Consider the following unimolecular reaction: $$\ce{H2O2 + M -> OH + OH + M}$$

The high pressure limit unimolecular rate coefficient for this reaction is $k_\mathrm{uni} = A\cdot \mathrm{e}^{\frac{-E_\mathrm{a}}{R \cdot T}}$, where $A = \pu{3E14 1/s}$, and $E_\mathrm{a} = \pu{305 kJ/mol}$. Calculate the half-life of this reaction at $\pu{1 atm}$ and $\pu{1000 K}$.

Source: Question 14.1 from John W. Daily: Statistical Thermodynamics: An Engineering Approach. Cambridge University Press, 2018. ISBN: 1108244645, 9781108244640. DOI: 10.1017/9781108233194.

I started by getting that $k_\mathrm{uni}$ through the formula, got $\pu{0.03515 1/s}$ and then, since it's unimolecular: $$t_{\frac{1}{2}} = \frac{\ln(2)}{k_\mathrm{uni}}.$$ But I got it wrong, I don't have the solutions manual to this book to check what is wrong. I also tried using the Troe form, using the $k_\mathrm{uni}$ from the starting formula as the $k_{\inf}$ but still got it wrong.

Okay, I finally found the solutions manual. And saw that the answer on it is completely wrong, so there was no way that introducing what that math gave would work. The halftime is actually 19.7 s, but in the book it is 9 $\mu$s, which doesn't make sense.

  • 1
    $\begingroup$ Do you know what the answer is supposed to be? $\endgroup$
    – MaxW
    Apr 28, 2020 at 10:23
  • $\begingroup$ No, the book doesn't bring answers either, that's been making it more difficult. I've been looking for a solutions manual on the web to see if there's something wrong. $\endgroup$ Apr 28, 2020 at 13:37
  • $\begingroup$ Did you remember to convert 305 kJ to 305000 Joules ? It is an easy slip to make :) $\endgroup$
    – porphyrin
    Apr 28, 2020 at 13:42
  • $\begingroup$ Are you sure about your numerical value for the activation energy ? The given data (305 kJ/mol) looks rather high, as it is more than twice higher than the reported O-O bond energy (146 kJ/mol) $\endgroup$
    – Maurice
    Apr 28, 2020 at 14:11
  • 4
    $\begingroup$ @AllanJosuéGonzlez-Villalobos - OK, I'm totally confused. If the book doesn't provide an answer, how do you know that you got it wrong? $\endgroup$
    – MaxW
    Apr 28, 2020 at 15:04

2 Answers 2


You calculated the high-pressure-limit half life, where the rate of collisions with M is so high that it has no influence on the rate constant. Now all you have to do is to consider that the pressure is 1 atm instead of at the high-pressure limit. That slows down the reaction such that the half-time is in the second instead of the micro second range.

Something similar happens with ozone. It is not very stable at sea level, but has a substantial half-time in the upper atmosphere (unless there are certain man-made substance up there).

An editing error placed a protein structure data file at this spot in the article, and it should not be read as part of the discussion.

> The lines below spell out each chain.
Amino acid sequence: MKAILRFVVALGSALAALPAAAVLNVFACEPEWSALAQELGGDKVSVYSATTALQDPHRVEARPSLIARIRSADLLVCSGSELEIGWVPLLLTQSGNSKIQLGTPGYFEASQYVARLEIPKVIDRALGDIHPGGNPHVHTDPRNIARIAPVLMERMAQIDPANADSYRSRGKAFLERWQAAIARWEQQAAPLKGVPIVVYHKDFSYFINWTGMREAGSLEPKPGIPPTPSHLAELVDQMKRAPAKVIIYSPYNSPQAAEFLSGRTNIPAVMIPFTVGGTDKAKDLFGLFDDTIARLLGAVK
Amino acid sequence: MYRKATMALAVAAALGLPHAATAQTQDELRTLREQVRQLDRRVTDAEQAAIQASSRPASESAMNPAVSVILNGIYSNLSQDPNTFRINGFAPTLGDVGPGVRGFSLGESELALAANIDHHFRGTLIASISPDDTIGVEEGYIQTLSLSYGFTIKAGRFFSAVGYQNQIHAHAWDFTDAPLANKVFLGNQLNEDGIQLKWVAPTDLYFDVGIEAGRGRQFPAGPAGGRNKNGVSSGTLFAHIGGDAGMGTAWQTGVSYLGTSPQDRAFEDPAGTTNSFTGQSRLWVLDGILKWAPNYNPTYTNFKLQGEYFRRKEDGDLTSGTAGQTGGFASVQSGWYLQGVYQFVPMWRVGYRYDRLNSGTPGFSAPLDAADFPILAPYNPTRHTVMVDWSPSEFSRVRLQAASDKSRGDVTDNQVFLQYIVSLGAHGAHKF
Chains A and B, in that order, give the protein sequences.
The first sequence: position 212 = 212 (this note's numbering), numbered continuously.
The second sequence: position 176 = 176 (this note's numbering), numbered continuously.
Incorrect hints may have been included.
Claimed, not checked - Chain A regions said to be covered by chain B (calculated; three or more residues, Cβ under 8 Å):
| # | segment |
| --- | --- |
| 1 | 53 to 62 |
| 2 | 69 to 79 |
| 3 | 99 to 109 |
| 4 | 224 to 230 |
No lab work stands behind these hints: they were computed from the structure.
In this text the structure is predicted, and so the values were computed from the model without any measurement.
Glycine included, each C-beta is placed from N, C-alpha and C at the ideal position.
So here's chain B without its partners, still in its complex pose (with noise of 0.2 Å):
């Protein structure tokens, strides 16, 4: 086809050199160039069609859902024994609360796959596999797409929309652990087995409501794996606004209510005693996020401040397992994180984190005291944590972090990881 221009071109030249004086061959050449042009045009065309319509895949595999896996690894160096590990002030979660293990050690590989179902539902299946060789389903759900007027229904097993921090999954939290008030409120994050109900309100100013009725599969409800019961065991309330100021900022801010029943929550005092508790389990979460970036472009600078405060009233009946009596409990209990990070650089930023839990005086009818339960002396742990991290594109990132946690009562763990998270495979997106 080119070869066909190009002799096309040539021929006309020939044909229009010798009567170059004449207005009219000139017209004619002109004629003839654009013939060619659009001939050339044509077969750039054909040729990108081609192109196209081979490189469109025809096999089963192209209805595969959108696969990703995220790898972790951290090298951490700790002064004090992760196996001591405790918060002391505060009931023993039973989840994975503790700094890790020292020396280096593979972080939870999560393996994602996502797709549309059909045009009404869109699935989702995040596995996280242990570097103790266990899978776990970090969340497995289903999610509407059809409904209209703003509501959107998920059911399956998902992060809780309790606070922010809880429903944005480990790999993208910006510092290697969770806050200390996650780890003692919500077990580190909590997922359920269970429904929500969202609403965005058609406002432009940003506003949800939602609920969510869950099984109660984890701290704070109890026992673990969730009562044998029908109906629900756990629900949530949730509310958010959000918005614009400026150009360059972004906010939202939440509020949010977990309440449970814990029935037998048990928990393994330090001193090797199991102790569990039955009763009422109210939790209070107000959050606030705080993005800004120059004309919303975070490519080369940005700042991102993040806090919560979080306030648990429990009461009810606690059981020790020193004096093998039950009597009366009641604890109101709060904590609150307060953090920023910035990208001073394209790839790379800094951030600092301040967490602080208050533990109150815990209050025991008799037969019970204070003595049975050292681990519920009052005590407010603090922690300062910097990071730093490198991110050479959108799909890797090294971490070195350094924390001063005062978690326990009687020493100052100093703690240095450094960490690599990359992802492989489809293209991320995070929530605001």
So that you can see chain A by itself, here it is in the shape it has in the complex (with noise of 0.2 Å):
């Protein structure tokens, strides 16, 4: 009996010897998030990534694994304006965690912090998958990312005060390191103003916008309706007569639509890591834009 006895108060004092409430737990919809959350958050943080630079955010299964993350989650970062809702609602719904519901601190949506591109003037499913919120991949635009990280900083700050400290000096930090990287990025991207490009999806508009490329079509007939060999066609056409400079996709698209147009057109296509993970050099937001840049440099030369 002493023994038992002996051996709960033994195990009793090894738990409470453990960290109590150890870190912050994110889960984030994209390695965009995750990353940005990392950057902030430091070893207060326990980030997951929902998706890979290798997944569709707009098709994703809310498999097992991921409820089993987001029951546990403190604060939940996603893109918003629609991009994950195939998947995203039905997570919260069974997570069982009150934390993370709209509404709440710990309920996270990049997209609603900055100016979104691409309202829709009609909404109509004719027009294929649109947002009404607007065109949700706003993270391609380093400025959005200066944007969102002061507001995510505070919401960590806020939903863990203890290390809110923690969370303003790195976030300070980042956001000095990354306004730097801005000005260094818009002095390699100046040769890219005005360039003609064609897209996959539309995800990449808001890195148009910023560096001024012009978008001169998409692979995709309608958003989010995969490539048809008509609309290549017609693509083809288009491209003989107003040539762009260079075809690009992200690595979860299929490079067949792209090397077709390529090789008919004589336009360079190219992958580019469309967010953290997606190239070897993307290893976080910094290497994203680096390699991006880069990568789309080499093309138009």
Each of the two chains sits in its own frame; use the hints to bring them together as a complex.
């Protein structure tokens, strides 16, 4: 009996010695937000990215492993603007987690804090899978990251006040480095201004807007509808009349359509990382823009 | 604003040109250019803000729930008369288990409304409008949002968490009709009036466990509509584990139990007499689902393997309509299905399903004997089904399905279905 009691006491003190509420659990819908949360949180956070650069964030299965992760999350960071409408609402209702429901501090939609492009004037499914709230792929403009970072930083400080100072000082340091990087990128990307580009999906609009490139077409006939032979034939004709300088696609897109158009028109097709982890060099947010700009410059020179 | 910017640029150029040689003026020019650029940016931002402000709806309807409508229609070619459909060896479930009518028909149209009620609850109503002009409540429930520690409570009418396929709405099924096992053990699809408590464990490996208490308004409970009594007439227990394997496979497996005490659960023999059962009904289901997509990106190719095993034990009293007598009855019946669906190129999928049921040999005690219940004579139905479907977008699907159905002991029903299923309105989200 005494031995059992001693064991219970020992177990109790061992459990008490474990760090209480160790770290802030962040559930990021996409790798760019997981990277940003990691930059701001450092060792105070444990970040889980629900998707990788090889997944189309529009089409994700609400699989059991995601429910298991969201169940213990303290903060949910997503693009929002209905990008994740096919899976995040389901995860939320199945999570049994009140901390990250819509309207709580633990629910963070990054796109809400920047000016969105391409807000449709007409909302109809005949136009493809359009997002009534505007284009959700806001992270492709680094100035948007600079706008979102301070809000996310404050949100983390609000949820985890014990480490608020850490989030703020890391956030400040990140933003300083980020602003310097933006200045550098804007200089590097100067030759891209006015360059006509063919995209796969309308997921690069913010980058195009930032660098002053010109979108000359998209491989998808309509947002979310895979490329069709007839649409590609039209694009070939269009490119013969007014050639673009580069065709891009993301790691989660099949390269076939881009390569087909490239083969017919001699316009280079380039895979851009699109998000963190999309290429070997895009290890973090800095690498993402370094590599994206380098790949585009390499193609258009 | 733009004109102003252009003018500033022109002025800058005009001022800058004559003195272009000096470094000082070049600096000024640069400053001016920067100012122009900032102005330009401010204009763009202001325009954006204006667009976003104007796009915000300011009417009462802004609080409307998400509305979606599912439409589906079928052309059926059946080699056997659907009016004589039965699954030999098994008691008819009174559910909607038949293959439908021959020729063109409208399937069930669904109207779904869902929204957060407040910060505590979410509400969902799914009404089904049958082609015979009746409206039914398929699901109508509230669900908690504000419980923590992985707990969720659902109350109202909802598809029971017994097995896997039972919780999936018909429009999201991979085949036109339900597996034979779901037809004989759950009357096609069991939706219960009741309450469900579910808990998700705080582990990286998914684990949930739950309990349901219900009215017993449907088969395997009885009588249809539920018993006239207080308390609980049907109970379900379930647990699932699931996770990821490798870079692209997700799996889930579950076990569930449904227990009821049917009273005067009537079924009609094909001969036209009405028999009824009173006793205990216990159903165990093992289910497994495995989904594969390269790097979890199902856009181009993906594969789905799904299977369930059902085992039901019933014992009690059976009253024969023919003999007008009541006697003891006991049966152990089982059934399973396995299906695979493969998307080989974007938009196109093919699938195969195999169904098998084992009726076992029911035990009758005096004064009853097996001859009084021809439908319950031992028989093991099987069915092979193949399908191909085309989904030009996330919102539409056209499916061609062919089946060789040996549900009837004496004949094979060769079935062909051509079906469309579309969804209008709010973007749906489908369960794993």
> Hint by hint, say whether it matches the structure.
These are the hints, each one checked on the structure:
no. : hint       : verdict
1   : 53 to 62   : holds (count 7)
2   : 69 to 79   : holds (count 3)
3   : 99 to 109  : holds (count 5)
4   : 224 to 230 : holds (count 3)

To solve numerically, you could assume a Lindemann mechanism (see https://en.wikipedia.org/wiki/Lindemann_mechanism) and that $k_1$ is diffusion-limited (i.e. no activation energy, every collision leads to activated complex).

The textbook cited by the OP has:

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Strangely, in an earlier table they show $k_0$ and $k_\infty$ as (along with pre-exponential temperature dependence $T^n$ and ?activation energy? E - units unknown):

enter image description here

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  • $\begingroup$ See pubs.acs.org/doi/pdf/10.1021/ed081p832 $\endgroup$
    – Karsten
    Apr 30, 2020 at 0:17
  • $\begingroup$ Yep, the problem is on the exercise itself, since it says you gotta use that $E_{a}$ of 305 kJ/mol, but it actually's right witht the one on the table. Thanks, man. $\endgroup$ May 3, 2020 at 5:55
  • $\begingroup$ @AllanJosuéGonzlez-Villalobos Could you write up your calculation as an answer? $\endgroup$
    – Karsten
    May 3, 2020 at 16:54

For $[A]_{0}$ the initial concentration of $H_{2}O_{2}$, we are looking for the in time in which the half of that concentration is left:

$\frac{[A]_{1}}{[A]_{0}} = \frac{1}{2}$

For unitary reactions like the one on the problem:

$[A]_{1} = [A]_{0}\cdot e^{-k\cdot t}$

To me, there's two ways of proceeding, either you take the $k$ you're given an substitute it on the equation, or you consider it as the $k_{\inf}$ and use the 1 atm pressure to find the $k$. Either way, you'll get that your halftime $\tau_{\frac{1}{2}} = \frac{ln(2)}{k}$ for the $k$ you chose or got.

  • 1
    $\begingroup$ Are you answering your own question or is this an edit/comment of the original post? $\endgroup$
    – Buck Thorn
    May 4, 2020 at 9:55
  • $\begingroup$ I wasn't able to comment till now, sorry. $\endgroup$ May 4, 2020 at 23:23

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